The Art of Letting Go
Inevitably, in the course of networking, I get the question:
What brought you to Chicago?
The easy answer, the answer I give when the conversation hasn't yet reached any depth, is that I took a corporate position. Oftentimes this leads to follow up questions about where I came from, which tends to be far more interesting to people than what I do.
Occasionally, and most likely in one-on-one meetings where I'm trying to get to know someone better in order to become a referral partner for them and they are doing the same for me, I feel compelled to be understood.
So I fill the gap when I see it coming, as I work backwards through my experience. I guess I could let people believe I was just ready for change when I left New Mexico, like an opportunity just came my way or that Bossier City, Louisiana was somewhere I wanted to go. The dots from rural NM to the bayou to the Windy City could be connected by whatever people want to think, I guess.
But I generally end up describing the battle scars left by people I once trusted...
I partnered with a friend I'd known for a decade, to be a producer for the property and casualty side of the business... very long story short, he embezzled.
Sometimes people want to know more. Sometimes, I don't say much more about it.
Sometimes, I feel like telling this part of the story gives power to someone who deserves none in my life. Sometimes, I feel like being able to tell the story on this side of it takes away all of the power this person ever had to hurt me.
Usually, when I talk about it, my mind's eye sees myself in the police station, talking to a detective and saying something to the effect of how desperate he must have been to do what he was doing. As if my compassion for him was a seed that I could sow, a nugget of forgiveness and grace that would keep me from feeling victimized... because the one thing in this world I choose not to be is a victim. Right after that visit to that police officer, who basically told me that there was nothing they could do for me and that I was wasting his time (this had to do with the amounts and nature of transactions), I sat in my office and contemplated suicide.
I felt abandoned by everyone in my life at that point; it wasn't pretty. In that moment, I had no options. I'd spent the majority of my mental and physical energy trying to make myself believe that if I could just make "x" happen, I'd be happy there. But for a variety of reasons that seemed mysterious to me then, "x" was always slipping through my fingers.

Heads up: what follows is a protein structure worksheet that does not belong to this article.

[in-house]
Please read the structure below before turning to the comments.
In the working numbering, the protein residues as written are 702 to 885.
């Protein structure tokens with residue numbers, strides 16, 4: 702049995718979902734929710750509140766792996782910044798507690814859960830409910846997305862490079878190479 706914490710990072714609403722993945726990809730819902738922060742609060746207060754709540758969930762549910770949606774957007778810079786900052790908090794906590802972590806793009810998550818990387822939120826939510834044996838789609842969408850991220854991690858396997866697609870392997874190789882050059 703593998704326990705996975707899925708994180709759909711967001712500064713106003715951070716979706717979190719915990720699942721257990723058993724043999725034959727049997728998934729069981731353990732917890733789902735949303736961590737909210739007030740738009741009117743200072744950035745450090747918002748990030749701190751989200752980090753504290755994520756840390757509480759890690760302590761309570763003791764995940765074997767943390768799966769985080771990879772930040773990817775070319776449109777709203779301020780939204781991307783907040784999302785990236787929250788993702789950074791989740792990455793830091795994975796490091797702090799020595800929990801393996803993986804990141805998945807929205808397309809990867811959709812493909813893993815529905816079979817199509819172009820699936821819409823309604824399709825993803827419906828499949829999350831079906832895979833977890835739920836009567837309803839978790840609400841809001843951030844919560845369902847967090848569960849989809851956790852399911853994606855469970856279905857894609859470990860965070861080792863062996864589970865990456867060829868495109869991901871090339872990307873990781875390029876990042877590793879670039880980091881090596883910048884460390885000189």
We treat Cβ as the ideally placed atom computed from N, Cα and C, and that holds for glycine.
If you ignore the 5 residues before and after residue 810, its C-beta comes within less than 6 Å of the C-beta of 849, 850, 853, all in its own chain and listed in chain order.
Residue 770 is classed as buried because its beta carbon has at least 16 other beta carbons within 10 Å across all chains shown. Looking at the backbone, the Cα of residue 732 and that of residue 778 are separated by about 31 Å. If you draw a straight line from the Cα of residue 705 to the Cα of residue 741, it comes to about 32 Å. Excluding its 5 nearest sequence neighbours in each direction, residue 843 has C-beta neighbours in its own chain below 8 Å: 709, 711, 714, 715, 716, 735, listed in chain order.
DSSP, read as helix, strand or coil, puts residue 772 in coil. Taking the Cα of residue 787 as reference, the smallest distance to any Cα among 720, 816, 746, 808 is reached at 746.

So when I say to a stranger that I took a corporate opportunity to move to a bigger city, (I leave out the dramatic elements of my mental health at the time) what I mean is that I saved myself. That I didn't know how to make life work where I was, and I needed an out so I looked for one- a last resort, an alternative to the notion that I was far more valuable dead than alive.
Moving meant shifting my misery and discomfort to my husband, meant upsetting the kids and the proverbial apple cart. There were times when I didn't actually think my husband would make the move- we had danced a few times before around the possibility but it never stuck. I think, up until the day the moving truck came, he might have thought I would change my mind. And for a while, moving was a distraction from noticing the infinite network of hairline fractures in the infrastructure of my life. Some things got better when we moved; some things got way worse before they got better. Some things had to stripped down, gutted and completely rebuilt.
Last night, we were talking about the past. How far we've come, but also how it seems like the universe will never let the past just die. I told my husband that it's strange to me, every time I tell my story, I feel like I let go just a little bit more. I let go of being angry at myself for having trusted too easily, for choosing to see the best in people; I let go of the need for closure- I'll never receive an acknowledgement much less an apology; I let go of all the failures I felt like I was running from at the time, and all of the failures that I packed up and carried with me.
Most of all, I let go of the need to understand the why of it all. I used to get stuck wanting some hard and fast answers from the universe about why ... and it was like the universe was Jack Nicholson screaming "You can't handle the truth!"
Truth is, it doesn't matter why other people choose to do the things they do or be who they are. It doesn't matter why a rock solid plan fails, or why what you gave in any situation wasn't enough. All that matters is how we handle who we are now and how we introduce ourselves in this moment... and how we tell our story.